Ever stood in a nightclub queue for an hour but when you get inside it’s not that busy? That’s a deliberate tactic by nightclubs to make their establishments look more popular than they actually are, and plays off the same psychological phenomena as The Waiting List marketing strategy.

Exclusivity can help make a thing cool, so The Waiting List strategy is where you don’t let your customer buy/sign-up immediately, instead you add them to a waiting list that you then slowly work your way through.

It’s not a strategy that’s great if you need revenue or traffic quickly, but a lot of these strategies require a bit of patience and pay off big in the end. By making people wait, you will generate excitement and anticipation around your product or service, whilst also gaining a nice amount of brand awareness as it’s a memorable tactic in todays fast paced, everything-now environment.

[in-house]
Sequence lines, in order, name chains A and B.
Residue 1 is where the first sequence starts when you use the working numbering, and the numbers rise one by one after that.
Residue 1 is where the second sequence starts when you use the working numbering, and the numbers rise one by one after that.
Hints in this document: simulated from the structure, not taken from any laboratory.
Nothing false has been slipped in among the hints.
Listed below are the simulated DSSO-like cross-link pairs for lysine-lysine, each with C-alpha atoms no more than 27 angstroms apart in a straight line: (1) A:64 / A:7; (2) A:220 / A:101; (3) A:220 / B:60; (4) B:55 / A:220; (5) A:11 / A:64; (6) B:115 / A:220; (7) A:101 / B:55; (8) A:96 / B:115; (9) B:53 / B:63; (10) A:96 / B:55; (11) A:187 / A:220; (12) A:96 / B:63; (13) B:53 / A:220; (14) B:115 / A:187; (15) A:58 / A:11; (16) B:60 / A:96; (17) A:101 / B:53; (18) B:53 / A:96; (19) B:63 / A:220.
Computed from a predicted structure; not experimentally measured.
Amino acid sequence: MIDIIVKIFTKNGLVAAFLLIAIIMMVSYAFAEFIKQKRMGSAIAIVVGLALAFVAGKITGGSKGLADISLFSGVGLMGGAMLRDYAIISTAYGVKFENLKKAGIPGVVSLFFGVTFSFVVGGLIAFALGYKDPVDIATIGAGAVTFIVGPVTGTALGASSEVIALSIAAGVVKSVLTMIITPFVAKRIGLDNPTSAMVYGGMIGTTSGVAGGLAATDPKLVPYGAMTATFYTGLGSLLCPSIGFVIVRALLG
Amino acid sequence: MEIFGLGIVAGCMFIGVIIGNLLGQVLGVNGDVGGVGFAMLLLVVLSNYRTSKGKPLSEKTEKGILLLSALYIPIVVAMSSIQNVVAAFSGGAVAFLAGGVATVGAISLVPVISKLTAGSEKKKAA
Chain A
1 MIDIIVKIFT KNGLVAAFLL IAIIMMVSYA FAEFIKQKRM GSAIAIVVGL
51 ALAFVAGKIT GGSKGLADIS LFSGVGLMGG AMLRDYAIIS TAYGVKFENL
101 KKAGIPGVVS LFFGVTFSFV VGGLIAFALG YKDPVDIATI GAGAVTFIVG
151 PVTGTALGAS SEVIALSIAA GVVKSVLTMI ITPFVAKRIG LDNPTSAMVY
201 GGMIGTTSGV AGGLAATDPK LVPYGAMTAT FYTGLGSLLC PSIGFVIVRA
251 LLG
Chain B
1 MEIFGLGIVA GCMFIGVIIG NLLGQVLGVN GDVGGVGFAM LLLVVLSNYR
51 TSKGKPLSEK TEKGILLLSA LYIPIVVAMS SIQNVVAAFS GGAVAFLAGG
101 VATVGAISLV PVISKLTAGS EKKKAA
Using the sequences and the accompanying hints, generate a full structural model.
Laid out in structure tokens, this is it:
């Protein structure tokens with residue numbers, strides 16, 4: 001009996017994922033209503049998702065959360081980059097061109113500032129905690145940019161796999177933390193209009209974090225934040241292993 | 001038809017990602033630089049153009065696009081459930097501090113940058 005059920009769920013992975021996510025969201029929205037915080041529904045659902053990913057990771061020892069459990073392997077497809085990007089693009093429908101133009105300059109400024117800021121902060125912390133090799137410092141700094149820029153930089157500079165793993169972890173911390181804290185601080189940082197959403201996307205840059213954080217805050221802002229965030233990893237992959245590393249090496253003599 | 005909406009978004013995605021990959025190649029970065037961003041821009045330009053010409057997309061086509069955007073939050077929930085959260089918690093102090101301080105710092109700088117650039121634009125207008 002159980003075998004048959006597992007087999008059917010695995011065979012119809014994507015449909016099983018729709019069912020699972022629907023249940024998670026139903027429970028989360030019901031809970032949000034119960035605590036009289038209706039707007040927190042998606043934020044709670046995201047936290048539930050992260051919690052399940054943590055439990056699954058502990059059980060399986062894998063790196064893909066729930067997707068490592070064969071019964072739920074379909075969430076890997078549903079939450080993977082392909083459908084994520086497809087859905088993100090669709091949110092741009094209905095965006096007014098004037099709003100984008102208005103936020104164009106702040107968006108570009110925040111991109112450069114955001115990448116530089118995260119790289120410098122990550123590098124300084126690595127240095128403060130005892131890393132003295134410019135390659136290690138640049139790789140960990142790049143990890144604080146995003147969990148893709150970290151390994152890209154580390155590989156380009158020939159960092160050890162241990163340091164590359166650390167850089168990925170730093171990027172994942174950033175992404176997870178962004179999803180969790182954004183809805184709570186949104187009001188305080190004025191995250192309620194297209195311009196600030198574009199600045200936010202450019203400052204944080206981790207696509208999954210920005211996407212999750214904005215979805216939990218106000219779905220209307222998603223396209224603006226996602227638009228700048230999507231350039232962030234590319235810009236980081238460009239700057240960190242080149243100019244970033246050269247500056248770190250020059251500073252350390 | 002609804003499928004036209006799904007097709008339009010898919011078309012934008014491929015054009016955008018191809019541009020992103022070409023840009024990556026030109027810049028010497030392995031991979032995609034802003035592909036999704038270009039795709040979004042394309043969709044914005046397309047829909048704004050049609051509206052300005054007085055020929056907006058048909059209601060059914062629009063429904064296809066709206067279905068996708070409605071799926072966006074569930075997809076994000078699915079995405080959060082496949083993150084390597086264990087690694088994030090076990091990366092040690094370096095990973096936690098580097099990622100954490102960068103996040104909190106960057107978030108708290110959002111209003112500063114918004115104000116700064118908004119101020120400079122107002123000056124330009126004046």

The stock trading app Robinhood (as unpopular as they are right now, and rightfully so 🚀) utilised the waiting list strategy to perfection (and even through some gamification in as well, we’ll cover that later).

Pre-launch, you could sign up for the app and would be added to the waiting list, with a message that showed you how many people were ahead of you in the list. You even had the opportunity to jump up the list by sharing the app with your friends, thereby increasing their userbase and keeping users interested. This tactic worked amazingly and Robinhood had 350,000 users sign up pre-launch!

Exclusive Betas